The most important lesson we learned in that study was that the presentations of melanoma are vastly different in prepubertal patients. That age group requires a higher index of suspicion for lesions with these atypical presentations.
As far as the eczema coxsackium paper5, I have to give 100% of the credit to my colleague and friend [Dr.] Erin Mathes, who is a pediatric dermatologist at UCSF. Dr. Mathes, one of our fellows Dr. Vikash Oza, and Dr. Frieden really spearheaded that work. We were observing these variant hand-foot-mouth disease (HFMD) presentations and there had been some reports coming out of other countries around the same time. I take really little to no credit for that paper other than contributing a few cases, reviewing, and helping to edit the final product. I think it was a very important paper that we all learned from. The CVA6-associated enterovirus outbreak was responsible for an exanthem potentially more widespread, severe, and varied than classic HFMD that could be confused with bullous impetigo, eczema herpeticum, vasculitis, and primary immunobullous disease.
Dr. Siegfried: What do you enjoy the most, what takes most of your time? Is it patient care, teaching, research?
Dr. Cordoro: I love that you asked me that question. It’s patient care. I am first and foremost a clinician, and I’m happiest when I am behind a closed door with a complicated patient. The bonus is, I’m in an academic environment where my passion for teaching is married to patient care. Every patient I see presents a learning opportunity for our trainees and for me.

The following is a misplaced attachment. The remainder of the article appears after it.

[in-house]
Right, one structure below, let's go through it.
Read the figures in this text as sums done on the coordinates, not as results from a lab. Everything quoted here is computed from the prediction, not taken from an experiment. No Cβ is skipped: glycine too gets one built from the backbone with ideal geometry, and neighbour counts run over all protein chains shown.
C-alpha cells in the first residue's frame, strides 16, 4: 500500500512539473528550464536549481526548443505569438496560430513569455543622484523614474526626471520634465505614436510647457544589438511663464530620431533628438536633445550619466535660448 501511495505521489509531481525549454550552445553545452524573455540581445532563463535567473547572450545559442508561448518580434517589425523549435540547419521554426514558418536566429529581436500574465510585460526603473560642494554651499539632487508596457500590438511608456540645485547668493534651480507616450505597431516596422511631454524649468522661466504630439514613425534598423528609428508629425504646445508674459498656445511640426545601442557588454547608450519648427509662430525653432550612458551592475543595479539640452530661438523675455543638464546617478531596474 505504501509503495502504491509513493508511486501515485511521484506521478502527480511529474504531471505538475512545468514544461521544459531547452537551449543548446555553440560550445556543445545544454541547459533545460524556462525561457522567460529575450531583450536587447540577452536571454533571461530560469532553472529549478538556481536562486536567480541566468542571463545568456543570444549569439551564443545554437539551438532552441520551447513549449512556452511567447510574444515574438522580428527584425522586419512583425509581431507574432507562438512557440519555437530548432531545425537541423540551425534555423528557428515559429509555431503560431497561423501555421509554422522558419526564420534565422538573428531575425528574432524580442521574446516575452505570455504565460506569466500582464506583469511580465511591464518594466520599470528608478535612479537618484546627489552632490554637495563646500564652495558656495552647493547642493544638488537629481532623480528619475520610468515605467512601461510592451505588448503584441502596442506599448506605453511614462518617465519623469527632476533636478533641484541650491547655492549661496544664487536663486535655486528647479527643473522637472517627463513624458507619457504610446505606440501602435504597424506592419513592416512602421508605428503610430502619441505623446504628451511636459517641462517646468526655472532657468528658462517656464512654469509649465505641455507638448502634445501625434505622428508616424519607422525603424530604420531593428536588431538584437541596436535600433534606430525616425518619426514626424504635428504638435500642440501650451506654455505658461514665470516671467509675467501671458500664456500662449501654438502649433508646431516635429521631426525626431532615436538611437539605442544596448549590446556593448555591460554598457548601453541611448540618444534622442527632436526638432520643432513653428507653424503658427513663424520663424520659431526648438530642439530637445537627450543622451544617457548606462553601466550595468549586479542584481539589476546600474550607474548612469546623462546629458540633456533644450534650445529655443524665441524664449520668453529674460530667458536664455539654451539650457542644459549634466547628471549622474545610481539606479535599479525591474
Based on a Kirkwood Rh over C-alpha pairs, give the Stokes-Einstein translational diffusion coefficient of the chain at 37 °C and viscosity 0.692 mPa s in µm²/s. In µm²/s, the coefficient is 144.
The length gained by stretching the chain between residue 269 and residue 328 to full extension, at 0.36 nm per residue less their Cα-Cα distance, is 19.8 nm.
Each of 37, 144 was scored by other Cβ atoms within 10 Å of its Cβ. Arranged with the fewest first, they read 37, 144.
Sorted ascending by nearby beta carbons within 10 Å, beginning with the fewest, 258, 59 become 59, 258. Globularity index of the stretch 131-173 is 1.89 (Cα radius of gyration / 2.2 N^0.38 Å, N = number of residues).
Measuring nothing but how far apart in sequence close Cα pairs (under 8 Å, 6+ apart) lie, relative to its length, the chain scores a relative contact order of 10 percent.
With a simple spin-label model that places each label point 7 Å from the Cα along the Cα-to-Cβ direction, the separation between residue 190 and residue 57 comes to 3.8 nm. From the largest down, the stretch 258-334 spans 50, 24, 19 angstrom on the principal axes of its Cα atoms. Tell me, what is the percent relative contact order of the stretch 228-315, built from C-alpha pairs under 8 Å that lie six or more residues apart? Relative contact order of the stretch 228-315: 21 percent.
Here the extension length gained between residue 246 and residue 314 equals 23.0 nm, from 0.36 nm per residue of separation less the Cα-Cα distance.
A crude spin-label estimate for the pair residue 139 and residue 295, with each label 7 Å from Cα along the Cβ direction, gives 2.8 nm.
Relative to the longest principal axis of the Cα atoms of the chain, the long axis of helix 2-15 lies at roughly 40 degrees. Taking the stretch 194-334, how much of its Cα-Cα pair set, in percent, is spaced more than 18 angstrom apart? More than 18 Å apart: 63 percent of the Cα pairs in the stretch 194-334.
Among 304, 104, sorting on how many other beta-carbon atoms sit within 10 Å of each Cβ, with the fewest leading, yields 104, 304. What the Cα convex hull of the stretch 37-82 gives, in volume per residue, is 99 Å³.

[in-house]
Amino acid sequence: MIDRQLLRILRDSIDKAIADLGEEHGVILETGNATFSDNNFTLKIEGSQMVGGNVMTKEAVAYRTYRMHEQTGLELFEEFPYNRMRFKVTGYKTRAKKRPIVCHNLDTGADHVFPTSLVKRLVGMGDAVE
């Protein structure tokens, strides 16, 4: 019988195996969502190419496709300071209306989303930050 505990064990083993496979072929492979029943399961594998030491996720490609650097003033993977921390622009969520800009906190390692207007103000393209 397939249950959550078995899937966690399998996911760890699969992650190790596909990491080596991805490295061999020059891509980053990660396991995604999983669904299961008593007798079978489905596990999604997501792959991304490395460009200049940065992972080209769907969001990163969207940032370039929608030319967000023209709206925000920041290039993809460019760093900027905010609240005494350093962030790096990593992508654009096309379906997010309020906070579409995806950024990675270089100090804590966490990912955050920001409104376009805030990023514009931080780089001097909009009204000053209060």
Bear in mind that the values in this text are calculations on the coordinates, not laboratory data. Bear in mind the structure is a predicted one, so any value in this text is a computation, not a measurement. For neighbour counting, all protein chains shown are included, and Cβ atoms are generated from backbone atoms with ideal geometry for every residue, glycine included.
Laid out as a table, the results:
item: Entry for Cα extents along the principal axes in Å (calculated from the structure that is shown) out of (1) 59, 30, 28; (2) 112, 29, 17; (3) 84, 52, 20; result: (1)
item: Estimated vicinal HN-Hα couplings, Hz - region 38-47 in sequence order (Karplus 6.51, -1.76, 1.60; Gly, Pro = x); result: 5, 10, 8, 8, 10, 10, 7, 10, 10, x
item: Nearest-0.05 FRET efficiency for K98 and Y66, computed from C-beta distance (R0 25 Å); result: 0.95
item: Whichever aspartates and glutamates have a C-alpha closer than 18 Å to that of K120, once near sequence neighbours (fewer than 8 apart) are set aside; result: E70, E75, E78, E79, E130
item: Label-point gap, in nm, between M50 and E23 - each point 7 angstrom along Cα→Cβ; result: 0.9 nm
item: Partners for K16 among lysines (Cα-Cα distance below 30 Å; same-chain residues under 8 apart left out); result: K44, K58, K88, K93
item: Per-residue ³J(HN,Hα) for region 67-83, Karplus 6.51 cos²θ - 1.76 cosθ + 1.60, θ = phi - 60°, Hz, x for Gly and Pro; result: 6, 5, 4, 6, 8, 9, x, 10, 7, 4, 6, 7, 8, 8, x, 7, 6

Dr. Siegfried: I know you’re working a lot on psoriasis. Is there anything else that’s really exciting you and making you enthusiastic?
Dr. Cordoro: Psoriasis is probably my favorite disease. I am working with the Pediatric Dermatology Research Alliance (PeDRA). We have a psoriasis investigator group, and we’re composing a survey to determine current management patterns for pediatric psoriasis in the United States [The MAPP US Study: Management Approaches to Pediatric Psoriasis in the United States], because we assume that there’s a huge divergence in the way patients are approached in this country and among clinicians in other countries. We’ll extend the survey to Canada as well. We’re trying to gather data to inform future research and move us closer to achieving consensus in the area of management and risk stratification for purposes of evaluating children with psoriasis for comorbidities.
Of course psoriasis projects are always hot on the front burner. Other projects at the moment include a study exploring refractory pediatric lupus panniculitis (LEP). Most of the published articles about lupus panniculitis indicate that pediatric patients get better with hydroxychloroquine (Plaquenil), rarely requiring additional medications. My experience with three or four patients with severe, refractory, disfiguring disease on massive systemic immunosuppression prompted further investigation. Other than those cases ultimately diagnosed with subcutaneous panniculitis-like T cell lymphoma, there is not much published about refractory LEP.
My other passion is procedural dermatology. I enjoy an active laser practice and we are putting together our experience using the long-pulsed Nd:YAG laser to treat pediatric vascular malformations such as glomuvenous and venous malformations. There are gaps in the pediatric procedural literature and based on years of practice, we are looking forward to being able to make a contribution in this area.
In case you missed it
Check out part two of this three part series: Pediatric psoriasis, eczema:Triggers and therapies
Check out part one of this three part series: Clinical pearls in pediatric dermatology